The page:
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Have solicitors in local government lost their grip? Are they no longer a power in the land? Is the day of the lawy...
Have solicitors in local government lost their grip? Are they no longer a power in the land? Is the day of the lawyer clerk over?

Their chief officer society, the Association of Council Secretaries and Solicitors, was formed last year by a merger of the county and district chief officer societies.

But the local government group of the Law Society provides a professional focus and the county secretaries maintain their separate meetings within the ACSeS constitution. So where does the association itself come in? Is it merely a vehicle for exchange of professional information or does it try to be a real source of influence? And can it address the decline in the influence of lawyers; is it even trying?

At one time the clerks of major councils were solicitors. Only councils too poor to afford a solicitor made do with a treasurer as clerk. The county and town clerks of the counties and county boroughs were also clerks of the peace. And until the office was abolished in 1971, county clerks often sat as clerks to the quarter sessions.

Originally clerks also worked in private practice. It was only gradually that the job became full-time and that move led to consistent complaints about the pre-eminence of lawyers.

In 1934 the Hadow Committee said too much importance was attached to the legal profession and clerks should be chosen for their administrative ability. But little attention was paid and lawyers kept their strangle-hold on the top job until the 1960s.

The end was signalled when Derrik Hender, a personnel professional, became chief executive of Coventry City Council. These days a minority of chief executives are lawyers. Holders of the top job come in all professional shapes and sizes. Even the Audit Commission, local government's official mentor, is headed by a social worker - Andrew Foster.

The decline of the lawyer is not confined to local government. Accountants have taken over. In the UK there are 10 times as many accountants as lawyers. The position in Germany is almost exactly reversed: chief officers usually have legal qualifications.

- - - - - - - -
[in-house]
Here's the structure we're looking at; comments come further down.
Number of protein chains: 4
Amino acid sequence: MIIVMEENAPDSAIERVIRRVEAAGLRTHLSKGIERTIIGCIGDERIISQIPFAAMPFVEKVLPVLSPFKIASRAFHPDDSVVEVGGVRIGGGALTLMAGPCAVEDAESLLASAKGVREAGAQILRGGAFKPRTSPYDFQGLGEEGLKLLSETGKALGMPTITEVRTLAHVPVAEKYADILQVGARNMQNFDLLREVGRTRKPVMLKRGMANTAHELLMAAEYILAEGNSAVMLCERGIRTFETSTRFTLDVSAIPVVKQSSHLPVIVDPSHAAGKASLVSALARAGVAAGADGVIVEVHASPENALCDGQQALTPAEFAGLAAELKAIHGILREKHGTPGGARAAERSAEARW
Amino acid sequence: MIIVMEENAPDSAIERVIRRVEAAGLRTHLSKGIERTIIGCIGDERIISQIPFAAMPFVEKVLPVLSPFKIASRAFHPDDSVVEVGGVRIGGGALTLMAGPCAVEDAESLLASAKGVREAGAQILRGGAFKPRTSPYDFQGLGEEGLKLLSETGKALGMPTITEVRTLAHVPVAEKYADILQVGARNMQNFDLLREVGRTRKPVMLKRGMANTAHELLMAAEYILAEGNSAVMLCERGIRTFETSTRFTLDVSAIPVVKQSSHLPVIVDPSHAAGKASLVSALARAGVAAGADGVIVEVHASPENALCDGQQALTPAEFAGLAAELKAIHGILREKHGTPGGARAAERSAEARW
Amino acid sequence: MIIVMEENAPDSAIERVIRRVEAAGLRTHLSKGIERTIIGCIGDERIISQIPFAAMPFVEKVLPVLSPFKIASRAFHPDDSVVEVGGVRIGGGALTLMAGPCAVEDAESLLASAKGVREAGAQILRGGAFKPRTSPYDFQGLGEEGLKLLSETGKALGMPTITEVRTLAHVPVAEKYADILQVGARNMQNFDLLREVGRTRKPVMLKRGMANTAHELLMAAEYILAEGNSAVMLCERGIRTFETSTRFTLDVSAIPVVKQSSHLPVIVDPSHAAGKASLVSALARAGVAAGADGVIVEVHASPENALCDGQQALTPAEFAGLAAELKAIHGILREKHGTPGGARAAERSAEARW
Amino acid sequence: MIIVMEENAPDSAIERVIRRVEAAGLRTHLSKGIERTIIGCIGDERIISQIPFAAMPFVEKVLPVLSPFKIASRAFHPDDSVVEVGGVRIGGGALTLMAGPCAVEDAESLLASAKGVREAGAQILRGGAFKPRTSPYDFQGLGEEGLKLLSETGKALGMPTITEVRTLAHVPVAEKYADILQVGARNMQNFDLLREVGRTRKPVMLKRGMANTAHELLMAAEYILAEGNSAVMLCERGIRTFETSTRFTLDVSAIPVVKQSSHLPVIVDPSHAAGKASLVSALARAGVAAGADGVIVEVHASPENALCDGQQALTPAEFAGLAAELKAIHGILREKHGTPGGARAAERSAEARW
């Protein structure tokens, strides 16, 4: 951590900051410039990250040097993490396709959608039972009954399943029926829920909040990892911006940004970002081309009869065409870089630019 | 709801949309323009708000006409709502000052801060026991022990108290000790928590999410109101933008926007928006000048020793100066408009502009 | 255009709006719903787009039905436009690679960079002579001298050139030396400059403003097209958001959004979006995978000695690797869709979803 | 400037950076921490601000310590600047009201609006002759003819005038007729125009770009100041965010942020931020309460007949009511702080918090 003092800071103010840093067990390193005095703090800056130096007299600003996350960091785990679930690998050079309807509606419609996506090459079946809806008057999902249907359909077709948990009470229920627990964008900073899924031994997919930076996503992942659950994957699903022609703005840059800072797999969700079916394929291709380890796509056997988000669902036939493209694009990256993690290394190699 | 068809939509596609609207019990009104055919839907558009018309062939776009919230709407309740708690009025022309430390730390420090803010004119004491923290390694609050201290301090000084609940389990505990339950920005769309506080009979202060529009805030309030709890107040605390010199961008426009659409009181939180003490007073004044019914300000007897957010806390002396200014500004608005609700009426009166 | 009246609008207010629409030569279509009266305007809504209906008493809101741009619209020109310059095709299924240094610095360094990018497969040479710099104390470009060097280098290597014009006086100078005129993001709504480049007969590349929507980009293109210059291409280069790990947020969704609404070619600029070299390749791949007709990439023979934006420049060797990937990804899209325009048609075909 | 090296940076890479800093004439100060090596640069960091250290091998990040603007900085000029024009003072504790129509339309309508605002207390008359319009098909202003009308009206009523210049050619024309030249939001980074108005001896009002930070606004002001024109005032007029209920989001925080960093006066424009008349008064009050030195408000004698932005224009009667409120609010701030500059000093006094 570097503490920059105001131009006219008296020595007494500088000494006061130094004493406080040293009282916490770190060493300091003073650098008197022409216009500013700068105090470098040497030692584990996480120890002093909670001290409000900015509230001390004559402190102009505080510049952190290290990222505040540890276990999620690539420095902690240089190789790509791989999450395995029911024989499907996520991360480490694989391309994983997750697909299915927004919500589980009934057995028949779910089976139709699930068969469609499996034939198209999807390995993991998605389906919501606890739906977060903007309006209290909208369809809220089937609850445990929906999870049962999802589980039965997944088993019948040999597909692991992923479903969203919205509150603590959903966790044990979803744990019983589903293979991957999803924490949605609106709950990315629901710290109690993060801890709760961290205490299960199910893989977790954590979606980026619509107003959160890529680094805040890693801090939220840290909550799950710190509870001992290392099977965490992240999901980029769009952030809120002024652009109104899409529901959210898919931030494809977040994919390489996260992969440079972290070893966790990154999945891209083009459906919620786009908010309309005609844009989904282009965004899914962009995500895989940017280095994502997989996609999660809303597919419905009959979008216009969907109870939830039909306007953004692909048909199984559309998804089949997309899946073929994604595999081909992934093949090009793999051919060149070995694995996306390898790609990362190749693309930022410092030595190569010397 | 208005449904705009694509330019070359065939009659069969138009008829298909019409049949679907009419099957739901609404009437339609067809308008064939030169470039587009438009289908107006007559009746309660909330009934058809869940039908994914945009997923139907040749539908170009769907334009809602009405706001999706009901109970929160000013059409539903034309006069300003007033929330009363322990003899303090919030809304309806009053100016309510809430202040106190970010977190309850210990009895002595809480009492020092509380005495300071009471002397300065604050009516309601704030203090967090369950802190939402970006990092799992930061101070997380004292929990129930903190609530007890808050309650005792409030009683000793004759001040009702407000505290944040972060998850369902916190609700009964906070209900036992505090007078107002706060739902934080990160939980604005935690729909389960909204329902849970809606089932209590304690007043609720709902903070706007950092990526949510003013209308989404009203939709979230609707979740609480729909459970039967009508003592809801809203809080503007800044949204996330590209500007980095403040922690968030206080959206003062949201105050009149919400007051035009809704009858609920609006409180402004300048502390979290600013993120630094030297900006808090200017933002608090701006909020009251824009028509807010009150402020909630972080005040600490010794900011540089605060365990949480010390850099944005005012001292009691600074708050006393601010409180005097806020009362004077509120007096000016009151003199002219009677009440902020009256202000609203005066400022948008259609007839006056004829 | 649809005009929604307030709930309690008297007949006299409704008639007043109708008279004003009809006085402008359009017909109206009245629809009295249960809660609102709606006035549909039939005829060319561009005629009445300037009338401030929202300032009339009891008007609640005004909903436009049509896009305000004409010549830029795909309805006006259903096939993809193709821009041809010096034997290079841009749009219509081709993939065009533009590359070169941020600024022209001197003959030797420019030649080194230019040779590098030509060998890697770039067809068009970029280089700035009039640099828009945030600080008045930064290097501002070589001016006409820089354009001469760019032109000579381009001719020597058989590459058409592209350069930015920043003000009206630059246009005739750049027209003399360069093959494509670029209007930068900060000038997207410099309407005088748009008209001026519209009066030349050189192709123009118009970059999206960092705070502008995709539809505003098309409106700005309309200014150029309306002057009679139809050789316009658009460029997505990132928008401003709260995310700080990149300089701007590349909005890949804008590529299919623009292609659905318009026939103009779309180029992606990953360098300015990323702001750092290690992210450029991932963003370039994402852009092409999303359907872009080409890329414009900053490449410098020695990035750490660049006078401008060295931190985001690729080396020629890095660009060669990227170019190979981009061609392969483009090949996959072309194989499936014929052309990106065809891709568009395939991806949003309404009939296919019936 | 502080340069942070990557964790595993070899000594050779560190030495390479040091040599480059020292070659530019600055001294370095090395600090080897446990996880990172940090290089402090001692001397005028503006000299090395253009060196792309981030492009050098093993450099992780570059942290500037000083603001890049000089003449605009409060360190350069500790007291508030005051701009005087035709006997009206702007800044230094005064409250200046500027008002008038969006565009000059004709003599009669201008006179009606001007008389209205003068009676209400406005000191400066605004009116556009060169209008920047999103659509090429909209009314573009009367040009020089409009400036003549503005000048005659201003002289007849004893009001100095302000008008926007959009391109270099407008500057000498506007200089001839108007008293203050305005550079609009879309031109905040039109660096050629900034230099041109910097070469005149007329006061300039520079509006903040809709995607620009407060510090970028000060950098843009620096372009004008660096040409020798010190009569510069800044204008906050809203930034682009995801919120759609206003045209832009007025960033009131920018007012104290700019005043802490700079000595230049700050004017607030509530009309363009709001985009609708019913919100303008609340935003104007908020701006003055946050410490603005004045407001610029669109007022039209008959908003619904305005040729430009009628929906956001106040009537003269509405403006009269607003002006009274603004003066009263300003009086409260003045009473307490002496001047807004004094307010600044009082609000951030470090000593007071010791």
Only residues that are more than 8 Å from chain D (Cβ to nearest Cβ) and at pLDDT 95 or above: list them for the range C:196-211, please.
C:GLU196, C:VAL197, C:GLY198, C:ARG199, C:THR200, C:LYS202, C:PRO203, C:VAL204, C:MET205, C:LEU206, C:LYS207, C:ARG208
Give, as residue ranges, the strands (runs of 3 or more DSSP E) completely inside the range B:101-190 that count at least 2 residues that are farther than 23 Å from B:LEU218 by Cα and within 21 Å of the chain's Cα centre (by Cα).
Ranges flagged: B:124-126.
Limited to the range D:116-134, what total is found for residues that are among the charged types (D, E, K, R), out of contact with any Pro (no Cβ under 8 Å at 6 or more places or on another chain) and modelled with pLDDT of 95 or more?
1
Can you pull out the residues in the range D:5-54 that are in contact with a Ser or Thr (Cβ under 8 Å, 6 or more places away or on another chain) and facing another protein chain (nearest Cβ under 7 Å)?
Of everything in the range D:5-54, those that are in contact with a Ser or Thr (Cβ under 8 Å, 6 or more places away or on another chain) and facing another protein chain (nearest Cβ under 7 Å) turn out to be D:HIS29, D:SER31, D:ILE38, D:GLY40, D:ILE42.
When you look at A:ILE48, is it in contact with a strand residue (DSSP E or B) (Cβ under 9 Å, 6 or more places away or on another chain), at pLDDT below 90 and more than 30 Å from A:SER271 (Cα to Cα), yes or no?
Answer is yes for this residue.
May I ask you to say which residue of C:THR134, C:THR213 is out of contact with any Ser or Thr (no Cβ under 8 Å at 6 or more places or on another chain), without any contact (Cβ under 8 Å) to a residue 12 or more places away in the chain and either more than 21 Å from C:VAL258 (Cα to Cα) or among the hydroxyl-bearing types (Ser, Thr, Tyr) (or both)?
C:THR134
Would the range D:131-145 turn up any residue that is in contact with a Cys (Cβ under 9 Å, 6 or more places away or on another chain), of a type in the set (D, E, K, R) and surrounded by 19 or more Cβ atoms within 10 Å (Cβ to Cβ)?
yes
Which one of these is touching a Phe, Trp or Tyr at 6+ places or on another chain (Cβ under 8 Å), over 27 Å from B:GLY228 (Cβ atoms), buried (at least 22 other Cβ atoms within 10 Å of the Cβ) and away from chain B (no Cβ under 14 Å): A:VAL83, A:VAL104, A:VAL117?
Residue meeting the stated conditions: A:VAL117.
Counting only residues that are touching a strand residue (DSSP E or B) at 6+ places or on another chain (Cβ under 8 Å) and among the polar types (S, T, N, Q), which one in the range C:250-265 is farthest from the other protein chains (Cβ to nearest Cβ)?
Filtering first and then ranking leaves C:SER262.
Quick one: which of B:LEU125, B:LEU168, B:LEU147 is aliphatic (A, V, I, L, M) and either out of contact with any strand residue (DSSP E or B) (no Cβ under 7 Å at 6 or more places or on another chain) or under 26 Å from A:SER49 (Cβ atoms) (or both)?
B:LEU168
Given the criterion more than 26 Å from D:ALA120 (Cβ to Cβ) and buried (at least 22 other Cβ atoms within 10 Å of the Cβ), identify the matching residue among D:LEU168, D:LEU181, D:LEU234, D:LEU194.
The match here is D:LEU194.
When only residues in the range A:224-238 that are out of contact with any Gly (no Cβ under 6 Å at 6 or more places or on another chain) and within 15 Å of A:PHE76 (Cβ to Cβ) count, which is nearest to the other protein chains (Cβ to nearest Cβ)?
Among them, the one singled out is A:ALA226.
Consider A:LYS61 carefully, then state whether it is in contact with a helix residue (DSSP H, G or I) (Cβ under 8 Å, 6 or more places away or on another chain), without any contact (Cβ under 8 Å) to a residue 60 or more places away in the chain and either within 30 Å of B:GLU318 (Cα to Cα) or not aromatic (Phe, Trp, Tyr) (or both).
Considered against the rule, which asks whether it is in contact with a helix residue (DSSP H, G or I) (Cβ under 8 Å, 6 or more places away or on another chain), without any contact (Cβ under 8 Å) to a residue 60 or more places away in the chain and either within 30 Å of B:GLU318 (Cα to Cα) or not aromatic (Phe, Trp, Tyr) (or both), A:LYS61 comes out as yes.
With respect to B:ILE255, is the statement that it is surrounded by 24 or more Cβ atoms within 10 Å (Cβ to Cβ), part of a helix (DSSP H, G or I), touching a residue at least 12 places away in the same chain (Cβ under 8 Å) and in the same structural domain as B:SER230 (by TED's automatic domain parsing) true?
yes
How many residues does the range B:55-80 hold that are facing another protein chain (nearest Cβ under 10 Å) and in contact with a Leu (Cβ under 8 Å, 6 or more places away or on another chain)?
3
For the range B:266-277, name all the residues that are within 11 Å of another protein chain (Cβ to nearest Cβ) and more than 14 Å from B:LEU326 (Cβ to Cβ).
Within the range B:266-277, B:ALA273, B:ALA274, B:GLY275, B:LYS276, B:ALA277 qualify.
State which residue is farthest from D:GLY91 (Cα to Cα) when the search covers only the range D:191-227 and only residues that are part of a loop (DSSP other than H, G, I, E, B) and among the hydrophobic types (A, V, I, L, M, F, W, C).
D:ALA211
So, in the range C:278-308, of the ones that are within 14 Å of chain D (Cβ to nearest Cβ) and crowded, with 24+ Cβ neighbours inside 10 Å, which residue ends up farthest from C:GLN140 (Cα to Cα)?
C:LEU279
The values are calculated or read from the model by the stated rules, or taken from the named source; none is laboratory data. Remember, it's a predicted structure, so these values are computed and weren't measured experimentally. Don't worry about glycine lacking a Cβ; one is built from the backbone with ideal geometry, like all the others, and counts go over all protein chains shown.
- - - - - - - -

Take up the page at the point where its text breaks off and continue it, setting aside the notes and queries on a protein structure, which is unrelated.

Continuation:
Have solicitors been elbowed out or have they opted out? Are they content to lurk among the law books and leave the grimy in-fighting with politicians to more robust characters? Should ACSeS try to reverse this attitude, or is its very existence a confession of defeat, an admission that the top legal job is an end in itself?

Uniquely, the retiring president of ACSeS, Felix Hetherington, is head of paid service as well as clerk to the Isle of Wight. But his service ends at the same time as his presidency. His departure at the end of the month is one more tombstone for the lawyer clerk.

The lawyers' crisis of identity began 20 years ago. Professor John Stewart tried to dignify their new role, calling them 'the geographers of policy space'. The grandiloquent title may have persuaded more of them to accept the lawyer's job as the ultimate posting. But it also signalled their job was to help councils, not to use the law to stop them.

Professionally, solicitors owe their primary duty to the courts. They are officially solicitors of the Supreme Court of Judicature. Some politicians are uneasy about officers owing a duty higher than that to the council. Designation of lawyers as monitoring officers did not help. Instead of a servant of the council, they can be seen as a watchdog. The changed role has led to a change in attitude.

Local government lawyers 30 years ago would have regarded themselves first as local government officers and only second as lawyers. They sought administrative experience and downplayed the legal parts of their job.